Summary of PwC's Sustainability Challenge 2019

PwC recently published their latest Sustainability Challenge report for 2019. It covers an analysis of 1,141 companies in 31 countries and across 7 industries. Along with insights, the report includes concrete steps on how to leverage the SDG framework in order to most effectively tackle global challenges and capitalize on the business opportunities they provide.
Check out this summary we made for you –  save some time and know what to focus on to better leverage the SDGs. 

This blog post goes through:

Why are the SDGs so important?

Besides helping organizations manage risk and encourage innovation, the SGDs provide each stakeholder with specific advantages. First off, they help companies benchmark themselves and track progress through a uniform framework understood and used by a variety of stakeholders. In so doing, companies can evaluate their business strategy in a standardized way and respond to fast-changing consumer demands regarding their wider ESG impact. 
 
Governments, on the other hand, can better understand a company’s net sustainability impact and know whether it can maintain its license to operate. Similarly, investors want to keep track of their portfolio's Economic, Social, and Governance (ESG) impact through a standardized framework to help make informed decisions. 
 

Key findings from Sustainability Challenge Report

In the study, 72% of companies in 2019 considered in the report publicly mention the SDGs in their reports/publications. So, there’s a good level of business awareness about the framework.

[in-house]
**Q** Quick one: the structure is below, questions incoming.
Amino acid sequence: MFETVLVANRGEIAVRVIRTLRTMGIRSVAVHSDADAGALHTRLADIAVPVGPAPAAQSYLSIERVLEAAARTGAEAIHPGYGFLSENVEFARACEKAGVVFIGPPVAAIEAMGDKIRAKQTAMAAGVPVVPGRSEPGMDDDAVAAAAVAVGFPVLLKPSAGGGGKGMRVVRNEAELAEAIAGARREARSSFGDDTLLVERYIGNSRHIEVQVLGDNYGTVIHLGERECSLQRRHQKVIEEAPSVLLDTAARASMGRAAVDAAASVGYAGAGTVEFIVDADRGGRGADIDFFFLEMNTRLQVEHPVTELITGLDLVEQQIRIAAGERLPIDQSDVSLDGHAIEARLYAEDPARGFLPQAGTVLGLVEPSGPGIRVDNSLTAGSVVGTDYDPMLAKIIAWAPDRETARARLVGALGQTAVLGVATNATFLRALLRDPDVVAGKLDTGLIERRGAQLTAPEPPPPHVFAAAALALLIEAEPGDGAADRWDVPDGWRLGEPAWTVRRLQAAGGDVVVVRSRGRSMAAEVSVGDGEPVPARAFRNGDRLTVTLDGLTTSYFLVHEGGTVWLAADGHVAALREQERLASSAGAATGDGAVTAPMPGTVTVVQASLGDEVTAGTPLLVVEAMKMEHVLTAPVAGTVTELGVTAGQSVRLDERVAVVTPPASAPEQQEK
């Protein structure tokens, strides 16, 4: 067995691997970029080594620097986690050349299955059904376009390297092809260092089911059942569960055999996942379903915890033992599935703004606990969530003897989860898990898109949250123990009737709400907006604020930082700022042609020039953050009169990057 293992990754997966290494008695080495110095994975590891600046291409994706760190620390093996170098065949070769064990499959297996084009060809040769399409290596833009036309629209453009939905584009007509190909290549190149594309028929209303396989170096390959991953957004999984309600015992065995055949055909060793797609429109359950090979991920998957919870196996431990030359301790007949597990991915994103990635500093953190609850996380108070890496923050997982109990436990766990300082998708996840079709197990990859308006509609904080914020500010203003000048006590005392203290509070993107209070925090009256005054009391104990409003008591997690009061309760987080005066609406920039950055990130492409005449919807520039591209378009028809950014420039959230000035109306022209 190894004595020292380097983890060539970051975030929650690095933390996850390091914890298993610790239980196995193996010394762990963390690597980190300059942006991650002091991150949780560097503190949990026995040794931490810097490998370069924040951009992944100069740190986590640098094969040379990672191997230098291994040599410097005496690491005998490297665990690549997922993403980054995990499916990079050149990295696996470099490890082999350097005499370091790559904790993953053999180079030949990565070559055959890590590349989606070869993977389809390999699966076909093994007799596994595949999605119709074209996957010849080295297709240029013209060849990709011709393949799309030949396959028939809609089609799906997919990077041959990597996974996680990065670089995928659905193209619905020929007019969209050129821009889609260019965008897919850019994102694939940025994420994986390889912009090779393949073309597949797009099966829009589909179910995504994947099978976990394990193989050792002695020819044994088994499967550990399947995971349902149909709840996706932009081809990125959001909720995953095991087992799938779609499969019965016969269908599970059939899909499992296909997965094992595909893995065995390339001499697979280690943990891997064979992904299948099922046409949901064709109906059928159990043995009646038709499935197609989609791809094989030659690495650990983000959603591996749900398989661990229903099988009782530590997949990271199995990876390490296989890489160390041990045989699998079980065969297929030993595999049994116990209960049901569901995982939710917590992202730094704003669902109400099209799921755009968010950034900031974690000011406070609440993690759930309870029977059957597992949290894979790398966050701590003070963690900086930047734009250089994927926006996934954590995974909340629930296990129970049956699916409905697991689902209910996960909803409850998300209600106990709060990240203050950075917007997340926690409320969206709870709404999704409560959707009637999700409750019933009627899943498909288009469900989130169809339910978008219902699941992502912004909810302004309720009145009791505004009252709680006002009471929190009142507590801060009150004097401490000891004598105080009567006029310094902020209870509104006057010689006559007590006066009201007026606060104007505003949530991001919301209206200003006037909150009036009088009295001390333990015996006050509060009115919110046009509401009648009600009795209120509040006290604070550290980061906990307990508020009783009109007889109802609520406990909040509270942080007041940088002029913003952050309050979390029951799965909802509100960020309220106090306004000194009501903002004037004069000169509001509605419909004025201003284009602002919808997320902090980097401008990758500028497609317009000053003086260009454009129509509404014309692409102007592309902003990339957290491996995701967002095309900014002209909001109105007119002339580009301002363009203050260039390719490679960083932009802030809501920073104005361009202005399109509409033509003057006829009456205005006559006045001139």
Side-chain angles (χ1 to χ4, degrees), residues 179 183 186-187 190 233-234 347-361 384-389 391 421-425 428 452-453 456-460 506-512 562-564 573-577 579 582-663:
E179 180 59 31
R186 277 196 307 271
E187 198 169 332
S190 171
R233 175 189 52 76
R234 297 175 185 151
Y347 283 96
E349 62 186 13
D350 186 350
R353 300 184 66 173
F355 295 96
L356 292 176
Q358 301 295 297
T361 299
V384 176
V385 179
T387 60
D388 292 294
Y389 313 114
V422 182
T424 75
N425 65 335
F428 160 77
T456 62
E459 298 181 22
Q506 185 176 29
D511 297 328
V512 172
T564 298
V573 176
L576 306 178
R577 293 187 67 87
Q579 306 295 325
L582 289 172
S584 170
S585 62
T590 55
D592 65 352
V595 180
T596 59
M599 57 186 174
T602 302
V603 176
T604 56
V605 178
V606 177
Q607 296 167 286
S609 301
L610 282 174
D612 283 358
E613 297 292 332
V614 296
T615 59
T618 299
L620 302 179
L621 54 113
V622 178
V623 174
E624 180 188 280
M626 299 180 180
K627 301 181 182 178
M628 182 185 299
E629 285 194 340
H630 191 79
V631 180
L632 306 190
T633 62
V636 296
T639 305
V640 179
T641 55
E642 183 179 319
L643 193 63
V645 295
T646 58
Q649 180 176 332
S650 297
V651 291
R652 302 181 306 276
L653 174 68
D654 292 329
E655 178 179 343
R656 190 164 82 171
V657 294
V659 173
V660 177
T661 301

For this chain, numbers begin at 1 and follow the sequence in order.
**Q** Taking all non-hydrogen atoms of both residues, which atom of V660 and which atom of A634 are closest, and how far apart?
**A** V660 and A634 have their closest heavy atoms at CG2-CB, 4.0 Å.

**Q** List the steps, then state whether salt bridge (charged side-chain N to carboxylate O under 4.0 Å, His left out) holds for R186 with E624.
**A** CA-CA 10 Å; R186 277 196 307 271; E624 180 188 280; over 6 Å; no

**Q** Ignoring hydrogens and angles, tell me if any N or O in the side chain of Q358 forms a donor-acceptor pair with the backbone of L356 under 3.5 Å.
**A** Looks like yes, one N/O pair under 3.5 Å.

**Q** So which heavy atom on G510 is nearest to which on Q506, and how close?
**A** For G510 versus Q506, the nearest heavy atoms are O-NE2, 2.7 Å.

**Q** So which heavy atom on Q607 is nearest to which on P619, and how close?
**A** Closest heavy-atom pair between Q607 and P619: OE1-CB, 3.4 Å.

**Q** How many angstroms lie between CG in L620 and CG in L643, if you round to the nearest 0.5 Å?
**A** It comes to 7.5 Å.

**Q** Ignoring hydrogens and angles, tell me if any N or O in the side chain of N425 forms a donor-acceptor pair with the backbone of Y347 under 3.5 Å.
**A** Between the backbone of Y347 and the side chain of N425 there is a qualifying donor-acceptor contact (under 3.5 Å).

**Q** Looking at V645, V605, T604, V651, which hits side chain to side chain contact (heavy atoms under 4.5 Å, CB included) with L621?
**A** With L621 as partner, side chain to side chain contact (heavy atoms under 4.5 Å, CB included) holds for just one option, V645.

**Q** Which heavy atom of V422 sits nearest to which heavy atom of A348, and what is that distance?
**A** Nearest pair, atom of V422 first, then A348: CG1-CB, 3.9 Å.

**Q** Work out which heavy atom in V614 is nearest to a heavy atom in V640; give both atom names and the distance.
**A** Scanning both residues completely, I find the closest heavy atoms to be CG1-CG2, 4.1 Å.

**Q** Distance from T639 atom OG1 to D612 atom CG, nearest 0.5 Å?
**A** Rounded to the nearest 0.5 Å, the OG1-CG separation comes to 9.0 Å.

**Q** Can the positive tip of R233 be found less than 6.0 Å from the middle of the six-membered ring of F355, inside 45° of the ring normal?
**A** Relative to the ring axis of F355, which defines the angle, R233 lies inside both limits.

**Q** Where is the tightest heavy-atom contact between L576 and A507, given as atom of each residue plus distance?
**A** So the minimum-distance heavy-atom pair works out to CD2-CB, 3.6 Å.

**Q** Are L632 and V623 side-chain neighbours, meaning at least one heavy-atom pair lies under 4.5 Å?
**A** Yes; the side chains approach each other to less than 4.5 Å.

In addition, 21% of companies mention the SDGs in the CEO or Chair statement, a 13% increase from the year before. This shows that the goals are moving to the top of the executive agenda thanks to regulation, pressure from investors, and future-focused strategy. However, only 14% mentioned specific SDG targets and very few reported on progress towards these targets. Only 8% provided quantitative measures of progress.

Screenshot 2020-01-09 at 11.18.15

Countries that topped the list with the most companies committed to the SDGs are Colombia, Sweden, Denmark, The Netherlands, France, and the UK. This high level of commitment may be correlated to more government engagement in these countries.  

Of the seven industry sectors considered, financial services (74%) led the pack while the health sector was the least likely to mention the SDGs.

Which Sdgs were the most and least popular in 2019?

The SDGs that were most and least popular according to this sample group reflects the notion that companies pick SDGs most in line with their largest area of impact. This explains why SDG8 tops the charts, since companies view creating and preserving jobs as a priority. According to PwC’s Sustainability Challenge report, the most popular SDGs in 2019 were:
  1. Decent Work and Economic Growth (SDG8)
  2. Responsible Consumption and Production (SDG12)
  3. Climate Action (SDG13)
In contrast, the least popular SDGs for businesses were:
  1. Zero Hunger (SDG2)
  2. Life Below Water (SDG14)
  3. No Poverty (SDG1)